Cheap talk and rationality2 August, 2012 at 15:20 | Posted in Economics | 3 Comments
British economist John Kay has a nice piece on decision making on his blog. His main point is that even when we appear to be making rational decisions, we are often actually only looking for ways to justify decisions we have already made:
Benjamin Franklin, a leading figure of the 18th-century enlightenment, advocated a rational approach to decision- making. In a letter to the English chemist Joseph Priestley, Franklin claimed to have found “great advantage” in a process he described as moral or prudential algebra: set out pros and cons, attach weights to each consideration and arrive at a balanced judgment taking all relevant factors into account.
Yet Franklin knew very well that this was not how real people, including himself, behaved. Franklin was an occasional vegetarian, having balanced the moral, nutritional and practical arguments. But confronted with the delicious smell of freshly grilled fish, he observed that the fish themselves disregarded his precepts by eating other fish and so deserved to be eaten. “How convenient it is,” he said, “to be a reasonable creature, since it enables one to make or find a reason for whatever one has a mind to do.”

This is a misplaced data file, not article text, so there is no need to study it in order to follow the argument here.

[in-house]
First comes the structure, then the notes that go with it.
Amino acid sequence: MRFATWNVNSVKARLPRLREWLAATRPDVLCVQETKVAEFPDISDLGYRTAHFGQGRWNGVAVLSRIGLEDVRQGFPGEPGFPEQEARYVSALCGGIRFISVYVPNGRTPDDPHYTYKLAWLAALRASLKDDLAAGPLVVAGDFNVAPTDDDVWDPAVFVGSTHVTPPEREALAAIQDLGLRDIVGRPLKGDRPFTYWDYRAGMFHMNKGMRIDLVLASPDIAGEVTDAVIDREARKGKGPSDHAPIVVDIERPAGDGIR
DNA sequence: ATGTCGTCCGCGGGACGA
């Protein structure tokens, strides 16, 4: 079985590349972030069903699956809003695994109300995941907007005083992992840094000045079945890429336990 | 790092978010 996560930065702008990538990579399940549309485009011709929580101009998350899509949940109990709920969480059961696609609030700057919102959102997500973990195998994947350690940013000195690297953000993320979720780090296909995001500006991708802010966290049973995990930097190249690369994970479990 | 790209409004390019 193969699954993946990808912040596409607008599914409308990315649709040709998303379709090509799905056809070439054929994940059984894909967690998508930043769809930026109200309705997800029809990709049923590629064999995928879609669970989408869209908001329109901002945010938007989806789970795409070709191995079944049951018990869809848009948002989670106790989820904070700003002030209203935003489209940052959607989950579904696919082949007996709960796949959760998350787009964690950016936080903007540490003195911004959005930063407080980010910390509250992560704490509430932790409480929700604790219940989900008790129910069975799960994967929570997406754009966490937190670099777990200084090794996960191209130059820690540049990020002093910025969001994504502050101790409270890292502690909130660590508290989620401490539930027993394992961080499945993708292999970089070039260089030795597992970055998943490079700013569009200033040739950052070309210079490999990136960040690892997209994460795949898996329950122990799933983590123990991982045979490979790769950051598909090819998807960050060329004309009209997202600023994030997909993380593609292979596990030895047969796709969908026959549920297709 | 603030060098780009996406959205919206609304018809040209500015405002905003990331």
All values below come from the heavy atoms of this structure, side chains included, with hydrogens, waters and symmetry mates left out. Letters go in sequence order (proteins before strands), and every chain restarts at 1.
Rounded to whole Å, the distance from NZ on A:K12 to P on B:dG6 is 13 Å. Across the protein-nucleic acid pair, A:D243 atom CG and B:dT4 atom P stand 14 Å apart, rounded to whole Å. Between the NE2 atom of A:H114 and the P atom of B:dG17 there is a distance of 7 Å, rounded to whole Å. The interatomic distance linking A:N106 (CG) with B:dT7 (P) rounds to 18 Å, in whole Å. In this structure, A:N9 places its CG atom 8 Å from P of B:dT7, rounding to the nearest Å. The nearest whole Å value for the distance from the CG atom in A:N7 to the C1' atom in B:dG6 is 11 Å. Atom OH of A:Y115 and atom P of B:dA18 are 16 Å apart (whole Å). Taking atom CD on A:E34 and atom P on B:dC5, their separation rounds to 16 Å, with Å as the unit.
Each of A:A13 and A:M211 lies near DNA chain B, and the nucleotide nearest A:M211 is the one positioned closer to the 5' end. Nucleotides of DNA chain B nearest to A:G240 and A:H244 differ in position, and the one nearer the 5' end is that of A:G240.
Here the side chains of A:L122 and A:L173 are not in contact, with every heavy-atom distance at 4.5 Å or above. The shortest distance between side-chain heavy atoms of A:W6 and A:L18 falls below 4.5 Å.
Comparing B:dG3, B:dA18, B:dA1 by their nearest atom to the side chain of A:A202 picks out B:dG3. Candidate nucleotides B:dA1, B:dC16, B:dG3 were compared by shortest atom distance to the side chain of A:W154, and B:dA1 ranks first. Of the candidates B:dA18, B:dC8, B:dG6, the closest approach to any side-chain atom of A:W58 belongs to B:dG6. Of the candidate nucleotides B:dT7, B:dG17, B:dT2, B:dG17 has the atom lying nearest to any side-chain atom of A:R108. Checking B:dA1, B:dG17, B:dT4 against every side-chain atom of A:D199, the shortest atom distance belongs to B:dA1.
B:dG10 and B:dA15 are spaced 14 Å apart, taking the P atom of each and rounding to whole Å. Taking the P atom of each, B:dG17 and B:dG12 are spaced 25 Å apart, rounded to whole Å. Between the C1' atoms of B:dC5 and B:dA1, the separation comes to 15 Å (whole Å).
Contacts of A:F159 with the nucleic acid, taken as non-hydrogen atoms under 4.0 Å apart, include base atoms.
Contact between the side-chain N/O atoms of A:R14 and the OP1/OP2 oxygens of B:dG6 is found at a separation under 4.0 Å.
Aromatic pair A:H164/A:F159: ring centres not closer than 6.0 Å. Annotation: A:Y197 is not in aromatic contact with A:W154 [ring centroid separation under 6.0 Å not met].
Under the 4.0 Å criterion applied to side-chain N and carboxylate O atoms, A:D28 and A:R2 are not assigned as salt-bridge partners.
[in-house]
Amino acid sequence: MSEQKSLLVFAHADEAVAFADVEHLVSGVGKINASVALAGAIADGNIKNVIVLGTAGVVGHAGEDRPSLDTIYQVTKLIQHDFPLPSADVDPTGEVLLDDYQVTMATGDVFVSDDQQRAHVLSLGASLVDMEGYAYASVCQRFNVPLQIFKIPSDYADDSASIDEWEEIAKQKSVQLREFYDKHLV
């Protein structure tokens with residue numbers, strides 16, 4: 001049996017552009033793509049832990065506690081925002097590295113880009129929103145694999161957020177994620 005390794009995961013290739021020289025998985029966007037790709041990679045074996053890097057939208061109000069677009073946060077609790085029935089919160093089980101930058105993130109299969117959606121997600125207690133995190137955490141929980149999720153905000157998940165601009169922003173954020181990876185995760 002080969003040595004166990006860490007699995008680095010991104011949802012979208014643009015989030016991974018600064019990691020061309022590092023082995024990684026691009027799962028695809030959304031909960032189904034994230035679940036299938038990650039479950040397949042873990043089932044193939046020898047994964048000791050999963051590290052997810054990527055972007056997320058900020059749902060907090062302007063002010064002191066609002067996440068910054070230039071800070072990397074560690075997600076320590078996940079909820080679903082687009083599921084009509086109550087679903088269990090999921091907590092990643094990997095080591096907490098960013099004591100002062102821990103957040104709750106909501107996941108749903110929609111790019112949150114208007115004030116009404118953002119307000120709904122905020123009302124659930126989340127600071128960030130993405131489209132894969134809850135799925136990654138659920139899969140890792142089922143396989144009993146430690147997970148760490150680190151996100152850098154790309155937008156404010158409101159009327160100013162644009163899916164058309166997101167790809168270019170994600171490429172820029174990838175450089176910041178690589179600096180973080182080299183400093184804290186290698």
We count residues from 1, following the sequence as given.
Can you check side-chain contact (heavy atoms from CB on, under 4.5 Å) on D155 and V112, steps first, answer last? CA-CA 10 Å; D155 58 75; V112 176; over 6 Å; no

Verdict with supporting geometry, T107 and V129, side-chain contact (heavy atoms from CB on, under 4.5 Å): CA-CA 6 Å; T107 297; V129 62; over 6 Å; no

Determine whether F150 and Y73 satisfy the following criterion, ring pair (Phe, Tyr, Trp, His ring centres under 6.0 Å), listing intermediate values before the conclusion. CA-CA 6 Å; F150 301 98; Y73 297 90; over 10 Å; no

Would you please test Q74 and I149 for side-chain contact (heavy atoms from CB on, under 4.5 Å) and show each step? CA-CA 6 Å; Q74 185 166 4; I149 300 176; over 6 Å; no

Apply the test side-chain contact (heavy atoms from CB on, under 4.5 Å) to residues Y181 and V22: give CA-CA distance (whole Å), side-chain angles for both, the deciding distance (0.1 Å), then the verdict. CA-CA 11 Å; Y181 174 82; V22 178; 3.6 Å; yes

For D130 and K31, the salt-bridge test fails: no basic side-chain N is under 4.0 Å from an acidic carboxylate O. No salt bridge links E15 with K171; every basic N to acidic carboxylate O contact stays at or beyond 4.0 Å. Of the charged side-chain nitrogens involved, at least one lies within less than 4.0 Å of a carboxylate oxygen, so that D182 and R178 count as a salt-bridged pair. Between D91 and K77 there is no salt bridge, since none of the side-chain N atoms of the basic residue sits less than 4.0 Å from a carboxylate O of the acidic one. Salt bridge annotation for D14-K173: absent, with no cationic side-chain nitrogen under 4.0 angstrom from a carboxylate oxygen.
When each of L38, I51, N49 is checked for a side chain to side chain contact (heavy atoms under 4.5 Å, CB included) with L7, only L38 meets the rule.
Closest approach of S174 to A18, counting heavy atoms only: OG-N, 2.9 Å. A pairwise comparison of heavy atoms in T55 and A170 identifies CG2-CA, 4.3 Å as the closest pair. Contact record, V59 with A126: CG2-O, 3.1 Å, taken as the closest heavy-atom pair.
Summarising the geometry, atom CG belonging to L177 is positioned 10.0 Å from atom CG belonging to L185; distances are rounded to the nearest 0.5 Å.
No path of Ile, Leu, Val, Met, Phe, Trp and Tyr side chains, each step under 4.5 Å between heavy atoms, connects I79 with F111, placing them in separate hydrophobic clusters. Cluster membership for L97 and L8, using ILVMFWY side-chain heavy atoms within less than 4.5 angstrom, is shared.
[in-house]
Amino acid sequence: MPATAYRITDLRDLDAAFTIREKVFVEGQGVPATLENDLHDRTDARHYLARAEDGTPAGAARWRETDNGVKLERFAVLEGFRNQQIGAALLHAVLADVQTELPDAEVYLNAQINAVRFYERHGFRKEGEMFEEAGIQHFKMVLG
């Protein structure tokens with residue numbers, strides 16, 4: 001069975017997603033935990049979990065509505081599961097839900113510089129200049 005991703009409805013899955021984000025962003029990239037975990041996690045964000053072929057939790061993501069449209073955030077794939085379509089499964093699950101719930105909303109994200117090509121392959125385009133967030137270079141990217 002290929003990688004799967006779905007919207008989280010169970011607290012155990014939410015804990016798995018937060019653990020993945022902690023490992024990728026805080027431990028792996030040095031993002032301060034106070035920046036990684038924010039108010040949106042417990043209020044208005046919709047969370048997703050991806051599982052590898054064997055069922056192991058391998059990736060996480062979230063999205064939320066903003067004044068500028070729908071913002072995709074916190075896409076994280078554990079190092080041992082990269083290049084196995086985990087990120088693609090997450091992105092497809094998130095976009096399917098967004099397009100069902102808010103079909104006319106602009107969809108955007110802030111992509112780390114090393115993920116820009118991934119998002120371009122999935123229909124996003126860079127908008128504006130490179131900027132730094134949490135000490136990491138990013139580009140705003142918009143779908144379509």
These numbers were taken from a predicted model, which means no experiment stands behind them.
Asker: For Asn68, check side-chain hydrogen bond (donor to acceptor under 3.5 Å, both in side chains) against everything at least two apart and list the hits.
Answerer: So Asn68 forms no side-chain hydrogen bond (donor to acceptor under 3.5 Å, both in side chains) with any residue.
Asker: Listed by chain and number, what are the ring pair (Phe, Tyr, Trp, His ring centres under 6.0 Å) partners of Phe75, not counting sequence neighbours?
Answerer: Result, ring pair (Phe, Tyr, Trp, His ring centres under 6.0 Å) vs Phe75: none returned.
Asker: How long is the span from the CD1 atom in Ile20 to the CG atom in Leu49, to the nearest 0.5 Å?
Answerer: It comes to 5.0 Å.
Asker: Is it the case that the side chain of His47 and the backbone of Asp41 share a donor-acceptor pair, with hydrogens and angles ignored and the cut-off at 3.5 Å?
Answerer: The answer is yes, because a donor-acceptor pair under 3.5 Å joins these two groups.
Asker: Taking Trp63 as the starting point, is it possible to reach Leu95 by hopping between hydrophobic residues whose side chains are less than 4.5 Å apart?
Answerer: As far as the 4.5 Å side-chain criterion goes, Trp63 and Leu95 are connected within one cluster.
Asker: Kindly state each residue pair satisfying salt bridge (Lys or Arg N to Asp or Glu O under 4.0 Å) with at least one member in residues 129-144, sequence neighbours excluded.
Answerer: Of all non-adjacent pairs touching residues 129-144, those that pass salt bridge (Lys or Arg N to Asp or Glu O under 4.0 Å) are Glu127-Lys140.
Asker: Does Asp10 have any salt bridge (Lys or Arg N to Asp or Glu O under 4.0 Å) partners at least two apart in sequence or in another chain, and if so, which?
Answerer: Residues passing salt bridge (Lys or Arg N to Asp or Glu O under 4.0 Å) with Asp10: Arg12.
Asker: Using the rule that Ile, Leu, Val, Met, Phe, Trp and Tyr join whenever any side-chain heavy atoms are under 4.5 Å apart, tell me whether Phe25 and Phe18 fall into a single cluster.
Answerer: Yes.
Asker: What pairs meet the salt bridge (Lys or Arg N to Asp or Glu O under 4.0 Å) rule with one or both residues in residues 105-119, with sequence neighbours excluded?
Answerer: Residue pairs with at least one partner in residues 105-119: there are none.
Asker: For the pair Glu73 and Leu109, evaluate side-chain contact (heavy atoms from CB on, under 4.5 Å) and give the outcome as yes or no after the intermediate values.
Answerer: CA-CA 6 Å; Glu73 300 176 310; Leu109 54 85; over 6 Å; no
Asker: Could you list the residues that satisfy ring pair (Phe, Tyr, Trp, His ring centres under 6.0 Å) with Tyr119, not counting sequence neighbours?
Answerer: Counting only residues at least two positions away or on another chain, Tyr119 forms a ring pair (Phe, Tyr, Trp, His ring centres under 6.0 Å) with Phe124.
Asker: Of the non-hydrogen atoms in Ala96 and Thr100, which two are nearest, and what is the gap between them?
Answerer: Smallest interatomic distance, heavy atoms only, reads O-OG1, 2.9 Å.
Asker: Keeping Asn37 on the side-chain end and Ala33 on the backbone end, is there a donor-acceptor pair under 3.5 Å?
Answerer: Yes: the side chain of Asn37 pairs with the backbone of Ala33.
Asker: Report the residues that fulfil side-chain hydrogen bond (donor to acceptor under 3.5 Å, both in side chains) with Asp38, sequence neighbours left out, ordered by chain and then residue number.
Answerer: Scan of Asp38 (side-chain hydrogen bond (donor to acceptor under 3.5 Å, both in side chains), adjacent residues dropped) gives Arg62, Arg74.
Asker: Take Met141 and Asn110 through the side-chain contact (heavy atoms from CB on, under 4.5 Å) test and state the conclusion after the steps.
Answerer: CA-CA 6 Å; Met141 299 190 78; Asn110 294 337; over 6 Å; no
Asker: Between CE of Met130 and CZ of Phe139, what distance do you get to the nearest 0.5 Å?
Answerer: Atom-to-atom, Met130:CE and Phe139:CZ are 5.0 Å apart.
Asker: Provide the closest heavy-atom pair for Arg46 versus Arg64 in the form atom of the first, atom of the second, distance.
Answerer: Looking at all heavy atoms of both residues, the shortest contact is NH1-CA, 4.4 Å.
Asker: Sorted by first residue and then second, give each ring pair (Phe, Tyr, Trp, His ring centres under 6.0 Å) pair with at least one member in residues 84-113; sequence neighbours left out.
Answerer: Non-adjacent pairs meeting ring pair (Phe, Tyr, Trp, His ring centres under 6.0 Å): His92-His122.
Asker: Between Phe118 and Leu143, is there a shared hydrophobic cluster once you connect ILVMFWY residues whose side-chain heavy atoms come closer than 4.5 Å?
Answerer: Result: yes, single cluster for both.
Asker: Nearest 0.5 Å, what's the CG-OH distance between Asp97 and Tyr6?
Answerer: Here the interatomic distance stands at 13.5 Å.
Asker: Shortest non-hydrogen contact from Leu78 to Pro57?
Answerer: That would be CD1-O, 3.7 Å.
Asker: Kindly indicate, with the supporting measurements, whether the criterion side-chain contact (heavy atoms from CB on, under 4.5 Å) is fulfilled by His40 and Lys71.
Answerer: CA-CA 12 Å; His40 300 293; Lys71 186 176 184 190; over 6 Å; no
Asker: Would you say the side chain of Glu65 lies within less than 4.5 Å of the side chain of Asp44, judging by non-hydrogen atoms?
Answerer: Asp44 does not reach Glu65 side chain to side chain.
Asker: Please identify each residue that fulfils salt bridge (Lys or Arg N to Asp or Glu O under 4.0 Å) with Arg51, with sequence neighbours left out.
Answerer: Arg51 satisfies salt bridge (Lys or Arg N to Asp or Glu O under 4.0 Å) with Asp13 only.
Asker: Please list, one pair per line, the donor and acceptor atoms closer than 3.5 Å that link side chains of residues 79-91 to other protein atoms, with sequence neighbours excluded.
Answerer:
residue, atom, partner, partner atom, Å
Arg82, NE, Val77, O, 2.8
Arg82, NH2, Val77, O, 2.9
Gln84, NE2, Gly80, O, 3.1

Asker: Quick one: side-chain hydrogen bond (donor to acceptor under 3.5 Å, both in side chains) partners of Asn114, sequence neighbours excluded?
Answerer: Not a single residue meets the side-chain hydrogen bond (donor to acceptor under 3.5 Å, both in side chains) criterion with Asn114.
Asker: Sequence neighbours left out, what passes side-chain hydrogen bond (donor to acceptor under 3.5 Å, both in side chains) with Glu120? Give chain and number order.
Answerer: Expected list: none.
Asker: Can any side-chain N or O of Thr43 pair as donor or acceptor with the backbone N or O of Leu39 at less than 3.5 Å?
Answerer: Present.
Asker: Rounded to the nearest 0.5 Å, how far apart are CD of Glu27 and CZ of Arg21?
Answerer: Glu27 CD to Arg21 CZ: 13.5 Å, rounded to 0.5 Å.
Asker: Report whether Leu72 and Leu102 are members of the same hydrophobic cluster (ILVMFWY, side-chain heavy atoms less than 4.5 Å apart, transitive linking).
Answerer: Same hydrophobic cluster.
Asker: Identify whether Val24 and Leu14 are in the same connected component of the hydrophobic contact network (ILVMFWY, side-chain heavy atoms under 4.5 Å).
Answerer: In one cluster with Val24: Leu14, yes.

When we make hiring decisions, or construct risk maps, or undertake investment appraisals we complete templates, the purpose of which is not to help us manage or decide but to rationalise what we already believe we know. At best, these exercises are irrelevant: at worst, our judgments are concealed or distorted by the need to justify them in terms of these formal processes. The – necessary – proliferation of external mechanisms of accountability is associated with an – unnecessary – proliferation of formalised procedures. Assessments are based, not on whether the decisions made are any good, but on whether they were made in accordance with what is deemed to be an appropriate process. We assume, not only that good procedure will give rise to good outcome, but also that the ability to articulate the procedure is the key to good outcomes.
We claim to believe that there is an objective method by which all right thinking people would, with sufficient diligence and intelligence, arrive at a good answer to any complex problem. But there is no such method. A perhaps apocryphal story tells of the professor of decision sciences contemplating a job offer from another university and discussing his conflicting emotions with his wife. “Surely, dear,” she says, “you of all people should be able to make this decision wisely?” “Don’t be silly,” he responds. “This matter is serious.”